Business will never go out of business
Benjamin Roth was a lawyer in Youngstown, Ohio, when the stock market crashed in 1929. Two years later he decided to keep a diary to detail the effects that the financial collapse had on himself, his neighbours, and the nation. Mr. Roth kept his diary for ten years. In the late 1930s, when the depression had mostly passed, he summarised a few points he had learned from the experience. He wrote:
“Business will always come back. It will remain neither depressed nor exalted…. Depression is a time of greatest profit. The investor who has liquid funds and the courage to act can lay the basis for great profits.”
If I could summarise these words of Mr Roth, I would say, “Whilst any business can go out of business. Business itself will never go out of business.”
In a recession (or even a depression) some businesses will fail. They could be businesses chasing unprofitable objectives, businesses overloaded with debt or businesses shackled with poor management. The odds of those businesses failing will be reflected in their price. Each day, every day, the share market is weighing those odds and pricing them accordingly.
But one thing is 100% true. That business in the general, the trading of goods and resources, has never gone out of business. It stared down the great depression. It stared down World War 2. It stared down the oil embargoes. It stared down the global financial crisis. And it will stare down the pandemic of 2020 as well.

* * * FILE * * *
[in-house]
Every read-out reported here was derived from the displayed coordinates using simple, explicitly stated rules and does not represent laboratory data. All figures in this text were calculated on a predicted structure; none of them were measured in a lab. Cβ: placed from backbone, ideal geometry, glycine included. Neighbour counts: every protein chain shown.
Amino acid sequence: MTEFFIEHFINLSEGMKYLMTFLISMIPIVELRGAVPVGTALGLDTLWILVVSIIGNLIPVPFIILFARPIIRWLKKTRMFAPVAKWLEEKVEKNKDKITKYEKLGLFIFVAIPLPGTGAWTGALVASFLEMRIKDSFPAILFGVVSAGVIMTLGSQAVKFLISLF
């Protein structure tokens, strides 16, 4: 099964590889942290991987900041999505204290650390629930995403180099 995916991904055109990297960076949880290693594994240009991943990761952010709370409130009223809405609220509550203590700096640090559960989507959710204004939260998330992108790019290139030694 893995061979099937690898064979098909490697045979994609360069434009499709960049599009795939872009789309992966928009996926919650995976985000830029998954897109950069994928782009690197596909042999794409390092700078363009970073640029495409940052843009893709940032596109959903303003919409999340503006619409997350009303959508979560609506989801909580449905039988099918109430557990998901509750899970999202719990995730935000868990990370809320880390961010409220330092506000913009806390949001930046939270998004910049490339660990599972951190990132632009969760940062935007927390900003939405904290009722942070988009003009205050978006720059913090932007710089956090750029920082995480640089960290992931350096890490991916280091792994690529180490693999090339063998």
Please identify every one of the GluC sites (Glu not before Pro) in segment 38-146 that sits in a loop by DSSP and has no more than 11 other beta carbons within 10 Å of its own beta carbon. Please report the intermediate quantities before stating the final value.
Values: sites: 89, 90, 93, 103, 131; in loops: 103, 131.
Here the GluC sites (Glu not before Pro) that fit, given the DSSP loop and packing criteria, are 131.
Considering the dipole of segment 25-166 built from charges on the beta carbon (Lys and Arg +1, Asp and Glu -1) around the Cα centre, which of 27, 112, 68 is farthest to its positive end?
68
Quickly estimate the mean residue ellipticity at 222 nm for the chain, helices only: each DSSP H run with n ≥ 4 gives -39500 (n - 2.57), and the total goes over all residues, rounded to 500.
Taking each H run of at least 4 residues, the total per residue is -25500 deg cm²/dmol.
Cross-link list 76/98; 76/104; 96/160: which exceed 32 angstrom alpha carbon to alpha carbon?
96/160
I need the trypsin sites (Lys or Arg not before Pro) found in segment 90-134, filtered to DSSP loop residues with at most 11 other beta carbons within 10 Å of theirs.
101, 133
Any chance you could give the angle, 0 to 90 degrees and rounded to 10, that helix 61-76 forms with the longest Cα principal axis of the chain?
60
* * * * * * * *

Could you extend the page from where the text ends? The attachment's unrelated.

The chart below illustrates the point. It shows the growth of various financial market assets over the last 90 or so years.
There are many things that could be learned from this chart, but today I’d just like to make the most obvious of points. All lines trend up. Business has never gone out of business.
Now it must be observed that many businesses have failed in the last 90 years. In fact, only about 10% of the original list of S&P 500 firms are still in the S&P 500 today (1). Yet, for each firm that came and went, another took its place. That’s no concern to diversified investors. An investor who did little else but invest in the index earned about 10% per annum (represented by the large company line above). It didn’t matter to them that 90% of the businesses came and went. Sure, many businesses failed. But business never went out of business.
Fortunately for our investors this is the way their portfolio is structured. They don’t own a single "business" as much as they own “business” in general. In their portfolios they own over 8,000 companies traded in over 44 different countries with operations extending around the planet. In effect, they own the power of global capitalism to produce and manufacture goods and services that people want to pay for. This investment has had its up and downs. But such an investment has never failed. Through each and every crisis throughout history, business has survived and thrived every time.
So, let’s again quote Mr Roth above, “Business will always come back.” And because it will always come back Mr Roth’s second observation is also true. When things are bad and prices are low, “The investor who has liquid funds and the courage to act can lay the basis for great profits.”
It was true in the 1930’s and it’s just as true today. Because if history tells us one thing, it's that business will never go out of business.
Head of Adviser Services, Consilium